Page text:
Thinking like a prospective business buyer could be the difference between selling your business and not selling your business. This is why, when dealing with a buyer, it is of paramount importance that you always try to put yourself “in the other person’s shoes.”
It is easy to think that because everything is going smoothly with the sale of your business that the tough part is behind you. That may be true, but there could still be problems ahead. Issues can come up at a moment’s notice when either your prospective buyer or his or her advisor raises a red flag. Additionally, the larger the business, the greater the complexity. This translates to a greater risk of problems arising.
The “Little Things” that Could End Up Quite Big
Financial statements are of considerable importance. Quite often you’ll see contingencies regarding financial statements and/or business tax returns, so be ready and be organized. Lease issues are another common area for contingencies. Falling under the lease issue umbrella are topics such as whether or not the seller has agreed to stay on, or issues regarding the property (or needs associated with the property if it is rented).
Other common contingencies can include issues arising from equipment and fixtures that are being included with the sale. These are areas that could be easy to overlook, but they can throw a major wrench into the workings of a deal. The so-called “little things” can cause a deal to fall apart.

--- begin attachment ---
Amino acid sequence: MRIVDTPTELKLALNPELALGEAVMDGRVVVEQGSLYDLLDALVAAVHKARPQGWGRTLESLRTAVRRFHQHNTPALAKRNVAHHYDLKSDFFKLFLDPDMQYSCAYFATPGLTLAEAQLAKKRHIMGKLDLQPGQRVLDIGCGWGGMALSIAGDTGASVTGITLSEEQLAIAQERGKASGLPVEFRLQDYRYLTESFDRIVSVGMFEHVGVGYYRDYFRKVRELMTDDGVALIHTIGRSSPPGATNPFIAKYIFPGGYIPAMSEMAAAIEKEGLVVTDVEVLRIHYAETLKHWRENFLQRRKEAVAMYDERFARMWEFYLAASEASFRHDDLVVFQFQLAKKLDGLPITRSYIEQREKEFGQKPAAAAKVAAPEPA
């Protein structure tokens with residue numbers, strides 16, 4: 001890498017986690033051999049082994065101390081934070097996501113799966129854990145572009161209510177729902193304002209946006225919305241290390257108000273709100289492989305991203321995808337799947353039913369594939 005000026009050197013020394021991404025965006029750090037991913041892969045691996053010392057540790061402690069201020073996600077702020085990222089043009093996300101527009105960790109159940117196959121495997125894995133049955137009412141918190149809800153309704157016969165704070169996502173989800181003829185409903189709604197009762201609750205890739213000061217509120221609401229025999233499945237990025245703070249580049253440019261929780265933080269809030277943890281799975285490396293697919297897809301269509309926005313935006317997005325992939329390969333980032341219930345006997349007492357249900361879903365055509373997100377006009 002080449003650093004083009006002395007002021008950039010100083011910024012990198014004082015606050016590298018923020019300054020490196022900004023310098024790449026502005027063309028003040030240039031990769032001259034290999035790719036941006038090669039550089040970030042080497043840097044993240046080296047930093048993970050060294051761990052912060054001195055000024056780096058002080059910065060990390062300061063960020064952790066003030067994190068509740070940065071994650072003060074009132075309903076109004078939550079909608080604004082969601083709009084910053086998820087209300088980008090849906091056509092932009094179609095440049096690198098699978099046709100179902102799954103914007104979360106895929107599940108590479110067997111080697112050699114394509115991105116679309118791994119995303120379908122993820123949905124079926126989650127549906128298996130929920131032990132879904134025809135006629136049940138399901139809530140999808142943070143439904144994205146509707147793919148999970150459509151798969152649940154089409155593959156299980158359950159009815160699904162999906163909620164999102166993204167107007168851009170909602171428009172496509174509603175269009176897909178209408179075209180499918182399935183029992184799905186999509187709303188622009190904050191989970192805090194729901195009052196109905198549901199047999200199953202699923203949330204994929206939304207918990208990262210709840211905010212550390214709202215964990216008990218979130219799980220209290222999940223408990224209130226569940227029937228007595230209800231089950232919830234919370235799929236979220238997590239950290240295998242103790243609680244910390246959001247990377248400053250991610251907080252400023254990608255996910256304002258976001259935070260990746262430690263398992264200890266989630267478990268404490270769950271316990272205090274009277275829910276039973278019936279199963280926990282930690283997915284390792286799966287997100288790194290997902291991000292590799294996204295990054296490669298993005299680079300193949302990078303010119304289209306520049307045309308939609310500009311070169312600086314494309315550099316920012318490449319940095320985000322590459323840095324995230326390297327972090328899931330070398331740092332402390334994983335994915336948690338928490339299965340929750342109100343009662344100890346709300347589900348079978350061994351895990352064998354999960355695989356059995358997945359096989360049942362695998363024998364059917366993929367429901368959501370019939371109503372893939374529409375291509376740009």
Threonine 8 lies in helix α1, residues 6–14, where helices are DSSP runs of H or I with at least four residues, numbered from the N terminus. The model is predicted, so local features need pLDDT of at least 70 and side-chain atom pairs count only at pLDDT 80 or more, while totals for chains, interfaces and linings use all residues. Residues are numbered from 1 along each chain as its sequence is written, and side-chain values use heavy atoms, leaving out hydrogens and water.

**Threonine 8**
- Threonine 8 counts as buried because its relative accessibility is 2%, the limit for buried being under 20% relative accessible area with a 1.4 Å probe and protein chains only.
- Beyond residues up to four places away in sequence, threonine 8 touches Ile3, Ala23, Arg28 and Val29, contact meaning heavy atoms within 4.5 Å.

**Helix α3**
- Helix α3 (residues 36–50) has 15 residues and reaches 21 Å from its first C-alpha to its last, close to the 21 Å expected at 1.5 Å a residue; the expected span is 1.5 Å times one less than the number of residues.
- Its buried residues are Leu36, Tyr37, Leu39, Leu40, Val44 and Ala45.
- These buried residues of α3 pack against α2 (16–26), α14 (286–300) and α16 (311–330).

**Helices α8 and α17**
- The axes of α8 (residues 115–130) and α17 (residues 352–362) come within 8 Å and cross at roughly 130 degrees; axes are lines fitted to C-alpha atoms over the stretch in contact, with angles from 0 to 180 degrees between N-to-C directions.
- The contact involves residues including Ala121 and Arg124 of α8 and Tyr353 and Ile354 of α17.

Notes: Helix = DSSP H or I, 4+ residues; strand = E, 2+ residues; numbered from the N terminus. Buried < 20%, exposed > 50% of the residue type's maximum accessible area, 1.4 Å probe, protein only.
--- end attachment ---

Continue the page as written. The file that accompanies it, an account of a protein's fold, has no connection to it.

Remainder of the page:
3 Key Steps for Preventing Disruptions from Contingencies
Step 1: Create a Comprehensive List
One easy move you can make to prevent disruptions from contingencies is to make a list of all FF&E–furniture as well as fixtures, equipment, or any other items that could be included with the sale. If an item is not included, be sure to remove it entirely from the list.
Likewise, if an item is inoperable, then repair it ahead of time. At the bare minimum, you could make a list of items that are currently inoperable and include those items in your list. Remember, you don’t want a last-minute surprise or misunderstanding to jeopardize your sale.
Step 2: Check Your Leases
Problems with leases can send deals spiraling out of control. It is a prudent investment of your time to look at things like your leases. You’ll want to make certain that there are no issues that could be viewed as problematic. If there are issues, then it is best for you to disclose this information at the start of any deal. After all, you don’t want to waste anyone’s time, including your own.
Step 3: Predict Questions and Have Answers Ready
The time you invest in predicting potential questions and having the answers to those questions ready is time well spent. You’ll look prepared, and that helps build trust.
Be ready to answer questions that are likely to arise, such as whether you are going to stay on with the business for a given period of time and what will be the cost, if any, of you doing so. What about employees staying on? Are there legal issues that should be considered? Being able to answer these kinds of questions is a prudent step.
Considering the needs of your prospective buyer will help you make a sale. In selling a business, there is no replacement for being organized and prepared.
Copyright: Business Brokerage Press, Inc.
Photo: iStock Photo; credit: Ridofranz
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